In February, 2018, NPR published an article titled, “Google Has Received 650,000 ‘Right To Be Forgotten’ Requests Since 2014,” detailing the mountain of requests fielded by the multi-national technology company to remove certain URLs from their search results on the condition the content is “inadequate, irrelevant or excessive in relation to the purposes of the processing.” The article goes on to say this means it is up to the discretion of a private company to determine what is in the best interests of the people who use their services, which is a tall-order in a capitalist society. Whether the policy proposed in the EU will ever be universally enforced—both in Europe and around the world—education regarding this newfound culture in which we find ourselves is paramount to protecting yourself and your loved ones from the evils of surveillance capitalism.
Carie McMichael is the Communication and Media Specialist for Lauth Investigations International, a private investigation firm based in Indianapolis, Indiana–delivering proactive and diligent solutions for over 30 years. For more information, please visit our website.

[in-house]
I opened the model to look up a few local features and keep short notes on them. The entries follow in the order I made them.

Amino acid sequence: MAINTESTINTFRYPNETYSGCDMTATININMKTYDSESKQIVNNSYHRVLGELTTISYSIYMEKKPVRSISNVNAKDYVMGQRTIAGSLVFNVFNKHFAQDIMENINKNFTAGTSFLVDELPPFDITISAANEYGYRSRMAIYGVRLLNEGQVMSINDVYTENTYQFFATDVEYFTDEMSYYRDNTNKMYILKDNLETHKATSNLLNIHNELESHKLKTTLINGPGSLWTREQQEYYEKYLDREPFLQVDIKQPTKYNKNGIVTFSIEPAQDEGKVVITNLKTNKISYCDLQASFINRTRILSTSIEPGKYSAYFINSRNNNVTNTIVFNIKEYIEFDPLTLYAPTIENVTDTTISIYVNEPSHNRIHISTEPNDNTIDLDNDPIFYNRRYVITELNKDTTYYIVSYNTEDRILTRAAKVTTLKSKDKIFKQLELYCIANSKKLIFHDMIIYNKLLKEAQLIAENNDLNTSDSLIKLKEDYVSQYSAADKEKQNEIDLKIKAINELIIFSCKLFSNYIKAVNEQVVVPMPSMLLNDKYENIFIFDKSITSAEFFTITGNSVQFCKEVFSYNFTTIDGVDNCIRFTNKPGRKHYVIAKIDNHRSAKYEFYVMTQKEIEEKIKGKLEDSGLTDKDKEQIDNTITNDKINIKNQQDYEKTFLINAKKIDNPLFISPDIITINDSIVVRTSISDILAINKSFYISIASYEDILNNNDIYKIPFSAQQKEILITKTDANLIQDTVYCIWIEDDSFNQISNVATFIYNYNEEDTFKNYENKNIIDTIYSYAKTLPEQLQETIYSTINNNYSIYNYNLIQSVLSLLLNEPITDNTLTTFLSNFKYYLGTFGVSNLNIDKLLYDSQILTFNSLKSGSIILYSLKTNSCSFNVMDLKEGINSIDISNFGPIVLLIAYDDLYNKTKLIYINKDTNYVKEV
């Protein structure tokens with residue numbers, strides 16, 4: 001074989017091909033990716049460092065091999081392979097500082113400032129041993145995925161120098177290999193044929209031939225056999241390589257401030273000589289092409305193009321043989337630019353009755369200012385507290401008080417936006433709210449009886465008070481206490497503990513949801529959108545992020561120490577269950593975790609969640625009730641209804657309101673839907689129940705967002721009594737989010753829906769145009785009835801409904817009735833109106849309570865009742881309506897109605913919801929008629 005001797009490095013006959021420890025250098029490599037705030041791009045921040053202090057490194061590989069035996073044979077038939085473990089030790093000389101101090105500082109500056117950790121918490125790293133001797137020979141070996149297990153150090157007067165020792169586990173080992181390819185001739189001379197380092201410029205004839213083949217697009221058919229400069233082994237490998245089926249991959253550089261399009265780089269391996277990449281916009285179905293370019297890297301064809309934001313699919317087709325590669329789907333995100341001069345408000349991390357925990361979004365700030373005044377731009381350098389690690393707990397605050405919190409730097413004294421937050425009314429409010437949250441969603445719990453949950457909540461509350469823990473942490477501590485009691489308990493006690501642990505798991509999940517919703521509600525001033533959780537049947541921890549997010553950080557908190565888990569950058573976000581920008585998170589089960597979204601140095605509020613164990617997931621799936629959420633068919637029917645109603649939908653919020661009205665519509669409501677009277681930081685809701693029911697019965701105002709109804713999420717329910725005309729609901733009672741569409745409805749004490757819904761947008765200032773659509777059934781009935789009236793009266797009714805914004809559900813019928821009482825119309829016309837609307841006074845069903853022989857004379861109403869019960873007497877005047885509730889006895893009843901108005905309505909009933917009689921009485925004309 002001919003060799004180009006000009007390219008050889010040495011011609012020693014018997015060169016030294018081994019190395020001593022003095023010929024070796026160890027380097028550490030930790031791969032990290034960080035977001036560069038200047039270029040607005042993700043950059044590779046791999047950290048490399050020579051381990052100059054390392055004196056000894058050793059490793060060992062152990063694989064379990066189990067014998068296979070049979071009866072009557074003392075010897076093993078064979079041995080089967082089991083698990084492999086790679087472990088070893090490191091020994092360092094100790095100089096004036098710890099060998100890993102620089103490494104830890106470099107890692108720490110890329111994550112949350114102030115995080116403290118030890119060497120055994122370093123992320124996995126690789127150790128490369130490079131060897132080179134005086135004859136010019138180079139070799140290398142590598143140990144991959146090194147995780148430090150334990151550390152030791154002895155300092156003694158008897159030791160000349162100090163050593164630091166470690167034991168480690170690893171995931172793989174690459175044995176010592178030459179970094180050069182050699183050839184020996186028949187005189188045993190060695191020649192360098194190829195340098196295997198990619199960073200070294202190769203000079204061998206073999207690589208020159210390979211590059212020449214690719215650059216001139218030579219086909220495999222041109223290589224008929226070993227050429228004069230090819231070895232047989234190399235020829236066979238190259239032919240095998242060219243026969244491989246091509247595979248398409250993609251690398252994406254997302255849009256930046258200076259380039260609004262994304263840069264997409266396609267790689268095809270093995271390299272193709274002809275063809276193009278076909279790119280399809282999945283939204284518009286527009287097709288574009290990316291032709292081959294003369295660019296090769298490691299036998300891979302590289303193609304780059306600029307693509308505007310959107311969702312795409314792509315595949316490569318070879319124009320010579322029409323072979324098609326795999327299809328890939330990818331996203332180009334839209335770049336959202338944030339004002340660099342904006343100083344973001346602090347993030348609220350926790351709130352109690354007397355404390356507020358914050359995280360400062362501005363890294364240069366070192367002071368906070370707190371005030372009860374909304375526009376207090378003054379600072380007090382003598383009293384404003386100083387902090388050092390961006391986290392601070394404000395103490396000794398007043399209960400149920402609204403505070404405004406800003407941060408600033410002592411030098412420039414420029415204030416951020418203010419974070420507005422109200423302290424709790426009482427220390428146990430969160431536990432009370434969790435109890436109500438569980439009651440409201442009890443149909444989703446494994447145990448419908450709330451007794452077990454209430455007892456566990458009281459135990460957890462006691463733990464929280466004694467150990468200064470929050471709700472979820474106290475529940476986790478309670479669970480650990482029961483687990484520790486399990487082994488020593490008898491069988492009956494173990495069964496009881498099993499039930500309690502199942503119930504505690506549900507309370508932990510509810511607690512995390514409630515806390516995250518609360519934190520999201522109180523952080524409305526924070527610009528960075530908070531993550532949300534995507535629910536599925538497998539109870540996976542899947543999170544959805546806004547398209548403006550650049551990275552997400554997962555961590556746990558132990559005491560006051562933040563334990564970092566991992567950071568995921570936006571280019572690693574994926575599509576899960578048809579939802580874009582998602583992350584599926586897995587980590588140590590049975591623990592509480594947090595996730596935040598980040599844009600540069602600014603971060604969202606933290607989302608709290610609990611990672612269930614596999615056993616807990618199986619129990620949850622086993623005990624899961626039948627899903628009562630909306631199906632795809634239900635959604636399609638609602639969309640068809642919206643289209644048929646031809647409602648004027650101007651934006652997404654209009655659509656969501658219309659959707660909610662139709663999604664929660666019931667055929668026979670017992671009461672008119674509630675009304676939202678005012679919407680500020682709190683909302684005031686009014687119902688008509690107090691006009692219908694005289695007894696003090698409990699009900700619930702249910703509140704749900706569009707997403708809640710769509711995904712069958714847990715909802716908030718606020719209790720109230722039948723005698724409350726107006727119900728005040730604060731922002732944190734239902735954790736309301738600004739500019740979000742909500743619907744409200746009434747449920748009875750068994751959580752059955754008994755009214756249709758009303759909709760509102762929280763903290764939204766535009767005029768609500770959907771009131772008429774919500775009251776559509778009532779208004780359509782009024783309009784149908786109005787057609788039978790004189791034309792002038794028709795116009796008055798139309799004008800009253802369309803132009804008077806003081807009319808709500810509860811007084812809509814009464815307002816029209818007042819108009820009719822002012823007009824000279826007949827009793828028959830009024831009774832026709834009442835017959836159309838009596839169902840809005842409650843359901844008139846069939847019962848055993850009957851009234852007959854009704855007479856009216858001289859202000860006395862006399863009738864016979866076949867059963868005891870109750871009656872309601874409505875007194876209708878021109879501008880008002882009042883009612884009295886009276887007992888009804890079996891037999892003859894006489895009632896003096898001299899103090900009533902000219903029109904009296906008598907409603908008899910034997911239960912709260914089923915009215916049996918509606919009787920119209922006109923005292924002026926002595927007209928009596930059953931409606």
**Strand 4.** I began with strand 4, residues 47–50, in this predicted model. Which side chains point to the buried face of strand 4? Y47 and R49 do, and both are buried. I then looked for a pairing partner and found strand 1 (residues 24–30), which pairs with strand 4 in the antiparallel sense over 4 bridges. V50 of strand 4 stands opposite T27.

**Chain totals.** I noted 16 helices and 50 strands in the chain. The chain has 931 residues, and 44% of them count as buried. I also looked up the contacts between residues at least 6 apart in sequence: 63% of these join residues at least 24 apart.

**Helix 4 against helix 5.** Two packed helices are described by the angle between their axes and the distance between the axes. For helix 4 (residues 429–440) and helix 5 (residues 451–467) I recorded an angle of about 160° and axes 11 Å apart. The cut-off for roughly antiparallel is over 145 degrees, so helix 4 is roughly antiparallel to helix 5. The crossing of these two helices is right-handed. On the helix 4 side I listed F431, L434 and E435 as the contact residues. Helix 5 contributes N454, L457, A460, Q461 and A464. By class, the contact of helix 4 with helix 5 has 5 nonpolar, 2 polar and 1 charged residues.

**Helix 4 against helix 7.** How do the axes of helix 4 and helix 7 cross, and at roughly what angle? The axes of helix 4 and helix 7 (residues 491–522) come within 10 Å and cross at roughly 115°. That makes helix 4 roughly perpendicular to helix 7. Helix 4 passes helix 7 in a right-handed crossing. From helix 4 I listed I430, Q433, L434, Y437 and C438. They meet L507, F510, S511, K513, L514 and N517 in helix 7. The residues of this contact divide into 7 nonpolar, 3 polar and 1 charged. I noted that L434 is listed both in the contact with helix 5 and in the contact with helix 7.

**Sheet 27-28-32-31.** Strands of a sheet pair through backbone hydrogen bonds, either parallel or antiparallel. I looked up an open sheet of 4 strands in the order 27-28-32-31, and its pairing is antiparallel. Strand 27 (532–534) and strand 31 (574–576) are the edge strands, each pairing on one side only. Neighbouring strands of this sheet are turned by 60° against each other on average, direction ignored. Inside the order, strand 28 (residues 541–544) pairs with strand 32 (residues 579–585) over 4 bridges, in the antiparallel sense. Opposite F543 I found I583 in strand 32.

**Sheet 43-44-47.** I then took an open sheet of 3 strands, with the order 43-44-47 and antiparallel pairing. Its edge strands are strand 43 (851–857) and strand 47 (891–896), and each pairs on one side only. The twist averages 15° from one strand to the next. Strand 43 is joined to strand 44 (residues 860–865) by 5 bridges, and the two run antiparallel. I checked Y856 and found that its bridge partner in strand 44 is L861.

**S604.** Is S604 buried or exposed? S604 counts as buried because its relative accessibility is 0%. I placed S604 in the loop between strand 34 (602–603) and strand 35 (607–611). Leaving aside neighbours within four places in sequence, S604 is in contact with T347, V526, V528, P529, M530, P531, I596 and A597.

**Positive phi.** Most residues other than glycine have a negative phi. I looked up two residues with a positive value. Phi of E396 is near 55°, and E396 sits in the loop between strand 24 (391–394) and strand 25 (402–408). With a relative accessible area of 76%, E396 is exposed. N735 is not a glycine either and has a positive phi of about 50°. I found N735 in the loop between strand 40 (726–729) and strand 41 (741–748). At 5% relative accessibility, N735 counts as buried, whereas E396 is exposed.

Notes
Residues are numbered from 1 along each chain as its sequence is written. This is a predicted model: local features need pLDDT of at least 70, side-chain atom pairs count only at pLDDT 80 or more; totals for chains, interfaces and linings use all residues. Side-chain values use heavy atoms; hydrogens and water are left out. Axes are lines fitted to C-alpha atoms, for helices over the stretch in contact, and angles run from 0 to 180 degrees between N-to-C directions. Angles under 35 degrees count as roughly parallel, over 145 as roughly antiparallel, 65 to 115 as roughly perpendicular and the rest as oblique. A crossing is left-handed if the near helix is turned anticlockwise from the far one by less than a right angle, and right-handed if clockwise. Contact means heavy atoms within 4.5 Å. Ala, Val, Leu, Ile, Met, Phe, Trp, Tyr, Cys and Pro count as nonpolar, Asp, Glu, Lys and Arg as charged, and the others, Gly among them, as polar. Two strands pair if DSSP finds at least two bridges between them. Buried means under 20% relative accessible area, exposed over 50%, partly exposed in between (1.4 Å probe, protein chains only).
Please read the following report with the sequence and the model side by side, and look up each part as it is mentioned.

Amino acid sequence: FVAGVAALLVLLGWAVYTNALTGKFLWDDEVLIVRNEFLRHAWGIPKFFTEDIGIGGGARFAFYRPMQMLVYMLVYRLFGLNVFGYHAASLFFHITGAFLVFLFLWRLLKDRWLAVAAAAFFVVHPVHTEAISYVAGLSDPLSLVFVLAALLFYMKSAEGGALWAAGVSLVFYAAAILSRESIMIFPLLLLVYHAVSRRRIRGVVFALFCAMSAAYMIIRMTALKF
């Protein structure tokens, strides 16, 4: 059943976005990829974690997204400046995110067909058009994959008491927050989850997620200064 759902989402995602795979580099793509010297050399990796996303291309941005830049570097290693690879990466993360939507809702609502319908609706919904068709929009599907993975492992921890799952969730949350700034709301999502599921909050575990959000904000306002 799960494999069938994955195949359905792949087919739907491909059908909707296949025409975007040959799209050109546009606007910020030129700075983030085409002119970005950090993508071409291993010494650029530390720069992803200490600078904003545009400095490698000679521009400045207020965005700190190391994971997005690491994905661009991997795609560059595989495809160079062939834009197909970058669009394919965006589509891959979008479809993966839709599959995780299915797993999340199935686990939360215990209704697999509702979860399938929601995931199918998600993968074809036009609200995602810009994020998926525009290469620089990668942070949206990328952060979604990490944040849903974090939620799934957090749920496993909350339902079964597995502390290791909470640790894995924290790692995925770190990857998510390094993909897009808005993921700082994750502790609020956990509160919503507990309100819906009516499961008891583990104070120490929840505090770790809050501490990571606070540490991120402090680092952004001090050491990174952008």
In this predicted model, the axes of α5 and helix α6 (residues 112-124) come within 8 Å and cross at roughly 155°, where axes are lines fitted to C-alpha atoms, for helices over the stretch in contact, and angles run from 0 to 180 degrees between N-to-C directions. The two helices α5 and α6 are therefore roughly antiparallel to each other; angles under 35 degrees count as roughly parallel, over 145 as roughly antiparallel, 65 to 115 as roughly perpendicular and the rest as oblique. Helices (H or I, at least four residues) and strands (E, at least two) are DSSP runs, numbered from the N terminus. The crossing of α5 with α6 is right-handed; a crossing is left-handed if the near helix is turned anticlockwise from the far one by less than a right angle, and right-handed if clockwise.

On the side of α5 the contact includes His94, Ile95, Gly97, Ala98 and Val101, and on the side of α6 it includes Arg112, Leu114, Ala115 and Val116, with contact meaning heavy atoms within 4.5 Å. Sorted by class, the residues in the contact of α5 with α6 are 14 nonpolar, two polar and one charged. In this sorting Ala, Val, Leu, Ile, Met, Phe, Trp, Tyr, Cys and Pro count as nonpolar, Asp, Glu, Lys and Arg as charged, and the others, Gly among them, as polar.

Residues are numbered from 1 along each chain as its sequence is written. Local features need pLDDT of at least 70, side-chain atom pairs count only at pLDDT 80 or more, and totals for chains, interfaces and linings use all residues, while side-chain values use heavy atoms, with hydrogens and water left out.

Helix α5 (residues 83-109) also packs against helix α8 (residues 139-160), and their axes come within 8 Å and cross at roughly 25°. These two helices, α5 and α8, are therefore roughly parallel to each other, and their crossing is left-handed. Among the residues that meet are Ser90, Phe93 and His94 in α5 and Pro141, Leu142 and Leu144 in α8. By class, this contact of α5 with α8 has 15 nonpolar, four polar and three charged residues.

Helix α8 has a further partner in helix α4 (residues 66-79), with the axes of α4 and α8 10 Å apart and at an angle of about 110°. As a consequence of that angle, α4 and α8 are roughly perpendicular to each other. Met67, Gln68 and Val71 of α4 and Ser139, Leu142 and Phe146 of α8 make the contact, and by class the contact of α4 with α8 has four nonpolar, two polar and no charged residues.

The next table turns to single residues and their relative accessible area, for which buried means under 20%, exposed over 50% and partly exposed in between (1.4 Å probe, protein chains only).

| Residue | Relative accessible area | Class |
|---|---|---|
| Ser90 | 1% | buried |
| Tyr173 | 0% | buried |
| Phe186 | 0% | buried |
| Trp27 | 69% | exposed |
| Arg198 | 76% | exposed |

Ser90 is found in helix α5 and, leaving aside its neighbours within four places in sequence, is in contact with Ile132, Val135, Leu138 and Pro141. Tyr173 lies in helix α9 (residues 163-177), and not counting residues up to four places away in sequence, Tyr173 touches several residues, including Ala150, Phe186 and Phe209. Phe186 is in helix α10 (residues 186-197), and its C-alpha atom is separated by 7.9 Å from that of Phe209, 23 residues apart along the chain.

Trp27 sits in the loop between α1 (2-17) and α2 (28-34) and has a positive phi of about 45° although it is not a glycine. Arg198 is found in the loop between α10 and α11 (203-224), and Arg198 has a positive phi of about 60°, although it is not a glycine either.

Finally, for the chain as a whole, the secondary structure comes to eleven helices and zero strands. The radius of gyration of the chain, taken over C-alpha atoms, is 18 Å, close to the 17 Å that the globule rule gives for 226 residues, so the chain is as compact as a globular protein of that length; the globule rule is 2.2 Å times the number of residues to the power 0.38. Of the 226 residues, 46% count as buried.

Melbourne, April 26 (ANI): Social networking sites like Facebook are being used by private investigators to uncover false claims made to insurance companies.
International experts have revealed that the sites are ‘gold’ for identity thieves, reports Courier Mail.
They are perusing photos and comments made on the sites of claimants and witnesses to see if they tally with statements made to insurance companies.
In some cases investigators are uncovering photos showing people who claim to have injuries preventing them from working doing activities such as skiing.
But sites such as Facebook also have become a tool for investigators to uncover people doing undeclared jobs, to track down those who owe debts and uncover the shady past of job applicants.
Investigation firm MPOL Investigations Australia has an agent dedicated to searching the social networking sites.
Using a social networking site, the company discovered that a claimant who was suspected of having undeclared income did have a hidden part-time job.
While the Facebook site had a privacy block, the investigators were able to search an open “friend” site, which provided a clear link to their subject.
The investigation firm used photos on a social networking site to prove that people who claimed their home had been broken into were at home at the time, having a party.
Julia Robson, the company’s social networking specialist, said one person claiming to have a foot injury posted family pictures showing him playing soccer.
Craig Adams of Brisbane’s CA Investigations said information gleaned from social networking sites mostly was used to gauge how much people exaggerated their claims.
He said in one case a woman who claimed she had a psychological injury and could not socialise, posted Facebook photos of herself sitting in bars on Melbourne Cup Day. (ANI)